7 Things I Learned about Rejection

Oh, yes. I am well acquainted with the heartbreak of rejection.

 I mean the writing kind, folks. (Not the kind of rejection I got in fourth grade when I slipped a box of Russell Stover chocolates into my dreamboat crush’s valentine sack…that’s another level of pain altogether.)

 1. Rejection is a natural part of the writing process. Everyone goes through it. Rejection should be a motivator to persevere and grow.

 2. Rejection can nurture a healthy sense of humility. You thought everyone would love your perfect novel about sparkling zombie assassins? Think again. Learn to embrace honesty and work to improve.

 3. Rejection can be illuminating. Although even the most complimentary rejection is still a “no,” rejections with personal feedback provide the writer with valuable critique. If agents or editors take the time to point out flaws, some deep reflecting and/or revising is in order. Query, partial, or full request rejections with on target personal critique are golden. Each has the potential to strengthen future submissions.

 4. Rejection can measure progress. Most of my first rejections were impersonal form rejections. After much revision and critique, my rejections became personalized notes and partial requests. After more revision, my queries have been followed by full requests. Yes, I’m still getting rejected, but I’m getting a lot of detailed critique in the process. Bless those agents who offer scraps of insight to the hopeful writer.

 5. Rejection can be a much needed reality check. If you’ve revised two dozen times, queried 200 agents, and still get only form rejections, a gut assessment is needed. Maybe it’s your project, maybe it’s your writing, or maybe it’s the market. Maybe you stink like a three month old cabbage. Maybe it’s time to explore a career in dairy farming…

 6. Rejection separates the wheat from the chaff. Those who give up early and refuse to learn from rejection make room for others who will go on to publish wonderful (or not so wonderful) books. Keep your day job, but keep writing.

 7. Rejection is hard and fast. No amount of wishful thinking or elaborate rejectomancy can spin an acceptance from a pass on a manuscript. Deal with it and move on.

Dear Ones,

Although your rejection misery sounds very compelling, I’m afraid Imust pass on hearing more about it. I wish you future success in your psychothery sessions.

Best Regards,

Scarlet Whisper

 Hungry for more?

 Curl up with a steaming mug of my hot spiced cider. Pour in a little something extra, if necessary, but remember that the suicide hotline standing by twenty four hours a day, if you need to talk to someone. 

 Hot Spiced Cider

1 large can pineapple juice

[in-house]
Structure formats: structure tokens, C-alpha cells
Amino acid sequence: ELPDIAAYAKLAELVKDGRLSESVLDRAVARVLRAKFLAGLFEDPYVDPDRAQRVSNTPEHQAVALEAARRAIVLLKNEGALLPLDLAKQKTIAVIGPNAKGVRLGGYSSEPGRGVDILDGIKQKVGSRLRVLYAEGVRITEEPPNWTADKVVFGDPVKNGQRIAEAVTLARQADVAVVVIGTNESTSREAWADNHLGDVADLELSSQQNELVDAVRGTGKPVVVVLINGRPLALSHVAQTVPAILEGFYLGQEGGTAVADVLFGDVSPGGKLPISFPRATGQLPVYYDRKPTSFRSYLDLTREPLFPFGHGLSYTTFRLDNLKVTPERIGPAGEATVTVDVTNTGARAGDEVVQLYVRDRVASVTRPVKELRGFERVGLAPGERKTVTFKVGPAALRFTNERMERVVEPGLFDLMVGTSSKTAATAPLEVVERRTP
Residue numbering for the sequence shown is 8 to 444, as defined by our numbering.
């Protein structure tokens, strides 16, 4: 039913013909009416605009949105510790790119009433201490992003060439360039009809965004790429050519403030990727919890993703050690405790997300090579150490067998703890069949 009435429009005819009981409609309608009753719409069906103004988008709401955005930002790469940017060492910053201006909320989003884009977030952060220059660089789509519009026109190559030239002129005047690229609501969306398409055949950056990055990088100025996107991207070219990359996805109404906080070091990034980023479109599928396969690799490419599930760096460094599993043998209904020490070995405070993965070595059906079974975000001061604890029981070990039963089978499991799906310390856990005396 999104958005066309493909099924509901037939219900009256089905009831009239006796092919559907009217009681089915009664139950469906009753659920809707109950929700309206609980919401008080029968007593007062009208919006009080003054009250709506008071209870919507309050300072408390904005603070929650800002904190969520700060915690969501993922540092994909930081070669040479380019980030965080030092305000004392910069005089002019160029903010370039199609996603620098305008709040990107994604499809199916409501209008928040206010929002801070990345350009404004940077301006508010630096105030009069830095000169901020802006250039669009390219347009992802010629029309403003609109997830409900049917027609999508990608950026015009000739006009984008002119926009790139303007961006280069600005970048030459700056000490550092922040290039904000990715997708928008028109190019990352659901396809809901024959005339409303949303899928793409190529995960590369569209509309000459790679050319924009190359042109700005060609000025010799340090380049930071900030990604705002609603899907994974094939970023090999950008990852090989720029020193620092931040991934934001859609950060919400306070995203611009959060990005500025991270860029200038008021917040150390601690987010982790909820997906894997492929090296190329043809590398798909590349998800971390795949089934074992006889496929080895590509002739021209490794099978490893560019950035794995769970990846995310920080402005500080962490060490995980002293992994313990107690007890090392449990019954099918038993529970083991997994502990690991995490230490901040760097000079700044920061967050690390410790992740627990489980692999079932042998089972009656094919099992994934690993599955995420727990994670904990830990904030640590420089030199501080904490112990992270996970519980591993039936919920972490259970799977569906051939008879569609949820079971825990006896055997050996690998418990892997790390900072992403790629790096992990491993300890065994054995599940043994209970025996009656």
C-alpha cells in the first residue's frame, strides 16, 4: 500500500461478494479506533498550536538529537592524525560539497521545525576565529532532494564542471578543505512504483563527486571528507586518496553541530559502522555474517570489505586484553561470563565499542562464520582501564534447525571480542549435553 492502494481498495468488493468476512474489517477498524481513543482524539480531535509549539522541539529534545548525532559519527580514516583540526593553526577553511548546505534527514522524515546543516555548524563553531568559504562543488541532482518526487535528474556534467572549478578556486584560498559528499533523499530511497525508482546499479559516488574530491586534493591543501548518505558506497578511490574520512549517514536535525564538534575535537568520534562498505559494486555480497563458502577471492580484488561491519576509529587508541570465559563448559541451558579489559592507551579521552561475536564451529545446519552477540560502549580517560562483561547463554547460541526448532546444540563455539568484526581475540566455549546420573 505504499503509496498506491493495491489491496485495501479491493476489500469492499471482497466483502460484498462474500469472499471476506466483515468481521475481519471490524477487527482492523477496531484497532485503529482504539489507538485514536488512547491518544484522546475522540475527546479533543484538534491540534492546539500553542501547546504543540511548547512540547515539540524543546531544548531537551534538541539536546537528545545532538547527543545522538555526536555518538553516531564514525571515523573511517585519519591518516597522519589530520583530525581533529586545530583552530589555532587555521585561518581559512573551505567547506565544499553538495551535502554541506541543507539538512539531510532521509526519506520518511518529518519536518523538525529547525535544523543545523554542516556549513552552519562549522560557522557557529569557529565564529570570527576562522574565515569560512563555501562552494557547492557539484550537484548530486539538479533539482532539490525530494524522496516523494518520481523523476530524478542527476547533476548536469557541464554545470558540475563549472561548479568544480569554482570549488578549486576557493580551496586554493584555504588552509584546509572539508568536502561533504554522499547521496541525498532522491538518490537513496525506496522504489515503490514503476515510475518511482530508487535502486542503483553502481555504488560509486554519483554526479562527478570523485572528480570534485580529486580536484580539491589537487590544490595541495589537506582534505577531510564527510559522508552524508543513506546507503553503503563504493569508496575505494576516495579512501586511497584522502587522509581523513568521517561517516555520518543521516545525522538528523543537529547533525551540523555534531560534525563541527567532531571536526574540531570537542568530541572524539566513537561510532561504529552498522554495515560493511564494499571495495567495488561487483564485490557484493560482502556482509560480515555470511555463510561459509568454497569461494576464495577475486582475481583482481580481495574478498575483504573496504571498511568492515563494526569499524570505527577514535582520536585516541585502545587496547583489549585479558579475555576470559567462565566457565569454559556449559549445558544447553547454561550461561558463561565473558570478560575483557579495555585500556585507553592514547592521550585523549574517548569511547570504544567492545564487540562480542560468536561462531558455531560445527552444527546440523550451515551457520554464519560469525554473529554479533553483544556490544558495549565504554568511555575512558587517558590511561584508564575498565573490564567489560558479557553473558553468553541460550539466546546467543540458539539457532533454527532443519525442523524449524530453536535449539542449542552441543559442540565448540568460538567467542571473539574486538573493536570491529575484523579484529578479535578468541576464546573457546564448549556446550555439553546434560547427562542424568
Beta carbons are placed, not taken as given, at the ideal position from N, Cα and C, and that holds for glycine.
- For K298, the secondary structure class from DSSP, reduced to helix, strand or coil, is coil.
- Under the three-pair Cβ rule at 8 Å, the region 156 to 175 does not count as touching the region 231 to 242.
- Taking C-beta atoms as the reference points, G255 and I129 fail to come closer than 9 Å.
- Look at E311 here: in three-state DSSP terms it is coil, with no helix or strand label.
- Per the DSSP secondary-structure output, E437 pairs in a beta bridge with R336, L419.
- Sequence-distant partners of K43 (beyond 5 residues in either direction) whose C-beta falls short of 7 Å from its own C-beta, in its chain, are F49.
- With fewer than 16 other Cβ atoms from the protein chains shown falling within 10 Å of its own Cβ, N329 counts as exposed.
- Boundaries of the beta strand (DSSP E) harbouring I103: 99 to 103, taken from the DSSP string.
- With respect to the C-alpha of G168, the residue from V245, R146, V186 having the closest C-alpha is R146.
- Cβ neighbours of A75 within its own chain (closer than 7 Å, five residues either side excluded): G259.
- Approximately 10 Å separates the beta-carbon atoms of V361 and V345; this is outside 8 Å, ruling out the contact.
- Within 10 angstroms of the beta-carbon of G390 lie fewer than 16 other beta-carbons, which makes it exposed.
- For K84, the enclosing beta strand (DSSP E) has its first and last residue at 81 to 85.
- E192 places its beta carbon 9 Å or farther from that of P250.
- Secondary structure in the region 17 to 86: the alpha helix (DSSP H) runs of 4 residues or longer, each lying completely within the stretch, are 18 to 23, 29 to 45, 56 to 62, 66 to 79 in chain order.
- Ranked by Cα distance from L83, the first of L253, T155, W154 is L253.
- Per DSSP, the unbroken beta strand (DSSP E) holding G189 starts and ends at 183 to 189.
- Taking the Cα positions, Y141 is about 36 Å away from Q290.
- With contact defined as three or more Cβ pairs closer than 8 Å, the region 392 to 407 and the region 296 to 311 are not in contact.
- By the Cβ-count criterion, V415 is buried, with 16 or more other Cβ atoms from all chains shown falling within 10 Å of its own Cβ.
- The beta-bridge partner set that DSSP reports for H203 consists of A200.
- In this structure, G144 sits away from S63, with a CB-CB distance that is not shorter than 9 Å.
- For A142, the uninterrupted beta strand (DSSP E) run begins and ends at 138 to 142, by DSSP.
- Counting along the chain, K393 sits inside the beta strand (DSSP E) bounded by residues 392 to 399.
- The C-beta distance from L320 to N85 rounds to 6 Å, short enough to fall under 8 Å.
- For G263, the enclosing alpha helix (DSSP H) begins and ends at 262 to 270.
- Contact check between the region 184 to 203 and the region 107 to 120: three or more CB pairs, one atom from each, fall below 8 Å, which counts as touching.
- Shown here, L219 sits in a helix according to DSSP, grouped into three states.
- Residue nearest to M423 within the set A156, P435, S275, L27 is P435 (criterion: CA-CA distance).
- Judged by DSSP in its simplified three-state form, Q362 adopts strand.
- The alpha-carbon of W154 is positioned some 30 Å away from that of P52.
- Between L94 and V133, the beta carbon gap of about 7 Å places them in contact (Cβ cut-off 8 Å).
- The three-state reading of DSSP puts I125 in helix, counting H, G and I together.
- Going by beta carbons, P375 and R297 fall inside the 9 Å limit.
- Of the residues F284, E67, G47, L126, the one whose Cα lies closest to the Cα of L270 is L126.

1 quart orange juice
1/2 cup lemon juice
2 1/2 quarts strong tea
2 cups sugar
2 teaspoons whole cloves
Cinnamon sticks (two or three)

Combine  juices and tea. In sauce pan, combine remaining ingredients with 1 qt cold water – bring to a boil, then simmer for five minutes. Turn off the burner and strain off the cinnamon sticks and cloves. Add hot mixture to tea/juice mixture. Heat and serve.

Binge!

About Jenny Martin

Librarian, Writer, Beatlemaniac
Posted by Jenny Martin | In Uncategorized | Tagged , , ,

10 Responses to 7 Things I Learned about Rejection

  1. Jean says:

    It can measure progress, too, can’t it?

  2. Learning from it is a good way to deal with rejection. Thanks for sharing this.

  3. Marisa Birns says:

    Just yesterday I read that CS Lewis was rejected 800 times!

    You are correct in saying that rejection is just another part of the writing process. A learning part.

    Having a good sense of humor helps. I do hope so anyway.

    Not only do we get your great post, there’s also a wonderful recipe. Yum. Will try tonight.

    Thanks!

  4. catwoods says:

    Jenny, I love it!

    Your letter was beautifully written. Can’t wait to try out the cider. My daugther loves it and this sounds divine.

    P.S. You might want to change my blog address in your side bar. After a complete technological failure, I had to start over.

    http://www.catwoods.wordpress.com

  5. drizl says:

    Stephen King started with his rejections nailed to the wall. He soon had so many he switched to a stake! LOL!

  6. Jemi Fraser says:

    I think writing is one of few very professions where we expect rejection, and expect to learn from it. Makes us pretty hardy souls :)

  7. moderndaystoryteller says:

    Another delectable post, Scarlet Whisper, and you are so right. Though if you don’t mind, might spice that cider up a notch with a bottle of single malt. Rejection sucks. Get drunk. Get mad. Get over it. Next!

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